Friday, December 6, 2013

A History of the World in 12 Maps

Title:  A History of the World in 12 Maps
Author:  Jerry Brotton
Publication Information:  Viking. 2013. 544 pages.

Book Source:  I received this book as a publisher's galley through NetGalley free of cost in exchange for an honest review.

Favorite Quote:  "They certainly will not show the world 'as it really is', because that cannot be represented. There is simply no such thing as an accurate map of the world, and there never will be. The paradox is that we can never know the world without a map, nor definitively represent it with one."

A History of the World in 12 Maps starts with Ptolemy's Geography dated from the second century and ends with the current version of Google Earth. The other maps included in the 12 are:
  • 1100s - the maps of Muhammad al-Idrisi created for the king of Sicily
  • Circa 1300 - the Mappamundi created in Italy
  • 1402 - Kangnido world map from Japan, one of the oldest surviving maps of East Asia
  • 1507 - German cartographer Martin Waldseemuller's world map credited with the first usage of the word America
  • 1529 - Diogo Ribeiro 1529 credited to be first scientific world map
  • 1569 - Belgian Gerard Mercator's map that used a navigational grid
  • 1600 - Joan Baleu's creation of an atlas in Amsterdam
  • 1700s - Maps of France by the Cassini family, the first to use triangular measurements
  • Early 1900s - maps by Halford Mackinder, the first to address geopolitical maps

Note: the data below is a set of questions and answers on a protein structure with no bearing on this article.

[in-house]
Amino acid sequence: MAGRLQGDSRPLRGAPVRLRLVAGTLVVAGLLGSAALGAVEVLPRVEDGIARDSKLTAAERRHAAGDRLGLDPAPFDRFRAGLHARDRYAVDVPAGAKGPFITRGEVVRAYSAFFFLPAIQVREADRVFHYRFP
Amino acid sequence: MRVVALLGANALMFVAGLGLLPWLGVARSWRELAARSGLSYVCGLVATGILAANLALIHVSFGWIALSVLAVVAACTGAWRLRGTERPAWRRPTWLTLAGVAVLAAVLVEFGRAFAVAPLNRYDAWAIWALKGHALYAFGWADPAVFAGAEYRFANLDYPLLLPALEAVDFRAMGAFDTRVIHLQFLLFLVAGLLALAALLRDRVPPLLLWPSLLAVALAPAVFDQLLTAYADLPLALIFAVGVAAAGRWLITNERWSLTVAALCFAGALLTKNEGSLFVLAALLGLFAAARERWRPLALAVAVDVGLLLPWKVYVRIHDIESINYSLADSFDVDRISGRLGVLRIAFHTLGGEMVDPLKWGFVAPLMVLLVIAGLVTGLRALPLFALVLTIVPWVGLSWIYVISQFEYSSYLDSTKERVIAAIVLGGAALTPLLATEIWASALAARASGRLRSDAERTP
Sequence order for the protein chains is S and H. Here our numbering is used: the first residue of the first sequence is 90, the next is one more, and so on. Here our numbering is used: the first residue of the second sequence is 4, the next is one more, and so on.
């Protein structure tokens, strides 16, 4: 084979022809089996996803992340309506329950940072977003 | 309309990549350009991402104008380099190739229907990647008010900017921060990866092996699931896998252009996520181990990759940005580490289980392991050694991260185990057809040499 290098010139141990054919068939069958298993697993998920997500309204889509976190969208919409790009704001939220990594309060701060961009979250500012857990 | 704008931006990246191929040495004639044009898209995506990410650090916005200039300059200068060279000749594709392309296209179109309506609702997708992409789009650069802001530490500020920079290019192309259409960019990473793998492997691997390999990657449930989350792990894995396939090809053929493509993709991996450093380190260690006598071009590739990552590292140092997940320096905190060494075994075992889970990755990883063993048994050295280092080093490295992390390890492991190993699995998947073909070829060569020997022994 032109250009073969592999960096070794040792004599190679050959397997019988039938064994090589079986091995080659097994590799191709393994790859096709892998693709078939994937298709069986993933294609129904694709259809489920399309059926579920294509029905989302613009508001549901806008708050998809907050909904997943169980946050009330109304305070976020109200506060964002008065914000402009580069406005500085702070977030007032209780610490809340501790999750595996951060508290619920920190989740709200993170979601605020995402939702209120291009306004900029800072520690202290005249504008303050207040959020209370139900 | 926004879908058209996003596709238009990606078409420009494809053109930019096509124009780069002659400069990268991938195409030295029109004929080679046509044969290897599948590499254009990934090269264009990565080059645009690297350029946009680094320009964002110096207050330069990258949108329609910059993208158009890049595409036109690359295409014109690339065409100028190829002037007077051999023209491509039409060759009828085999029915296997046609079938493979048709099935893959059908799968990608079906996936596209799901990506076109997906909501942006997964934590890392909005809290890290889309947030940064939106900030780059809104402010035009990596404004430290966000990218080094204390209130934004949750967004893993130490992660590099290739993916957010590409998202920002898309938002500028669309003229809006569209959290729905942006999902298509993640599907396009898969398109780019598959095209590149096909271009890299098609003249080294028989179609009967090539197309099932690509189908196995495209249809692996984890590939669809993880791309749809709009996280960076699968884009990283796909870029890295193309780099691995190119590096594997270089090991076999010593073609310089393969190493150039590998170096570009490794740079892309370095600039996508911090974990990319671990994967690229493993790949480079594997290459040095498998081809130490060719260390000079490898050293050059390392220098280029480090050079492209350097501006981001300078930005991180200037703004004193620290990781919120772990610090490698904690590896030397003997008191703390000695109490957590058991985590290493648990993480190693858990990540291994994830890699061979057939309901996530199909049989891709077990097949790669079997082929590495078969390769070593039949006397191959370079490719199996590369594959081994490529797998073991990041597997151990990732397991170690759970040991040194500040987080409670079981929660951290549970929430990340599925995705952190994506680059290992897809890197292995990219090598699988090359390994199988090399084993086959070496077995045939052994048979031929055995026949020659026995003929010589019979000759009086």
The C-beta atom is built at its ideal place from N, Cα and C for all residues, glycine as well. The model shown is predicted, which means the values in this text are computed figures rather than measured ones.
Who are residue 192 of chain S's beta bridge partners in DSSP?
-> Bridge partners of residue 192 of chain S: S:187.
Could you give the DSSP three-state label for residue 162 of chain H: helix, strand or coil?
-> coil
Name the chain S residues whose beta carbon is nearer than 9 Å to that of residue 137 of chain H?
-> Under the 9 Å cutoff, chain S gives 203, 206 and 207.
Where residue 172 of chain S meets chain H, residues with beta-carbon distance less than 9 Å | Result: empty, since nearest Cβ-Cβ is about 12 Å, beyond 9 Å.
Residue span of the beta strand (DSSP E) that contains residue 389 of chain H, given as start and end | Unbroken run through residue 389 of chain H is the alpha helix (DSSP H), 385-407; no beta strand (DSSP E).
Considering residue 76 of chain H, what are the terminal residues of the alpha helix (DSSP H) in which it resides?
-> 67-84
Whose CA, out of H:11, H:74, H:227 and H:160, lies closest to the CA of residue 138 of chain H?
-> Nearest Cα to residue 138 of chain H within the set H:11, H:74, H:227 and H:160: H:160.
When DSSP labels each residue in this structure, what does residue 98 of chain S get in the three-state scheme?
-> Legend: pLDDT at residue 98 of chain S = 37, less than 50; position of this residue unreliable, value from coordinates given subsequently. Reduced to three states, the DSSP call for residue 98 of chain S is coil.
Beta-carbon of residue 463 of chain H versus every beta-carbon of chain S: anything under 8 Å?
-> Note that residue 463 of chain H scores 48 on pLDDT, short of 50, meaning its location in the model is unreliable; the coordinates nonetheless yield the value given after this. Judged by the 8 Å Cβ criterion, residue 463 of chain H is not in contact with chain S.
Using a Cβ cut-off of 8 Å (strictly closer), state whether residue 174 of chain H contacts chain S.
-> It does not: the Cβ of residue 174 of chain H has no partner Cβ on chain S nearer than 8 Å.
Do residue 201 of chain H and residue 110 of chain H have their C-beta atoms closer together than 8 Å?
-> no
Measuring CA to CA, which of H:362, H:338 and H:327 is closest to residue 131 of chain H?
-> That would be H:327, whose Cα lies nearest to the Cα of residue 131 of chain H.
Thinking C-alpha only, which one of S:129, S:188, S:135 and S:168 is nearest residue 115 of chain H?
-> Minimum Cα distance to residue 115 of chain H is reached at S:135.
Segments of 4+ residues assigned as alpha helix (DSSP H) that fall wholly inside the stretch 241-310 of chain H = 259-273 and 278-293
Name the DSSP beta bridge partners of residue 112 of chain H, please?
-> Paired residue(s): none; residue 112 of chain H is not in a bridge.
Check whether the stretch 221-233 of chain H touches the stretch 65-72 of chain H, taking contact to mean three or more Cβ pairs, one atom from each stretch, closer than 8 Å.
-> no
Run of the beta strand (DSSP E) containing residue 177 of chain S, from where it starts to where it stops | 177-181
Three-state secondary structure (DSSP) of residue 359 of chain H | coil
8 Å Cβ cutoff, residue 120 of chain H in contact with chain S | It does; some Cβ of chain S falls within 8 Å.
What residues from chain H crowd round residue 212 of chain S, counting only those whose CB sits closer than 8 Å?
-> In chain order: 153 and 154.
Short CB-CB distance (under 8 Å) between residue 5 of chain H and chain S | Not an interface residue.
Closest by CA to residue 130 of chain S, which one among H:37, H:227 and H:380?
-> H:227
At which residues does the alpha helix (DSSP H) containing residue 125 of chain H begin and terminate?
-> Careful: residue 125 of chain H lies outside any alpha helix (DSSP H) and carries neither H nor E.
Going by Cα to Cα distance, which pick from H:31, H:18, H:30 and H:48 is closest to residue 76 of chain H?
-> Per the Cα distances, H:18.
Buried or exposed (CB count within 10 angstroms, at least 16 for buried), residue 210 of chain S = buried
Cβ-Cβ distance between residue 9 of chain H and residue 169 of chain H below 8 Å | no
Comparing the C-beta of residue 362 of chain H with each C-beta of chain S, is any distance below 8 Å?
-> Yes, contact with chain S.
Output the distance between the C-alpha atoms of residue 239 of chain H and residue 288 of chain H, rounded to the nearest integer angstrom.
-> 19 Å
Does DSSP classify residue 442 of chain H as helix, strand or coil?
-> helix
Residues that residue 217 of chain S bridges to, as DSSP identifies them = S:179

• 1970s - Peters Projection named for German historian Arno Peters
As this list shows, the book is literally a walk forward through history. It covers a length and breadth of the Eurocentric world as it was known at the time. It also presents a history of cartography with its technical and usage innovations. In addition, it presents the history of the time, place, and people behind the map - clearly and repeatedly making the point that a map reflects the interpretation and vision of the mapmakers.

This book is dense. It contains a lot of information - on the maps themselves and on the geopolitical climate and events that led to the development of each map. As such, it becomes a history of cartography and a history of the world. At the same time, it is a very enjoyable and readable book. A great pick for anyone who enjoys history or geography.

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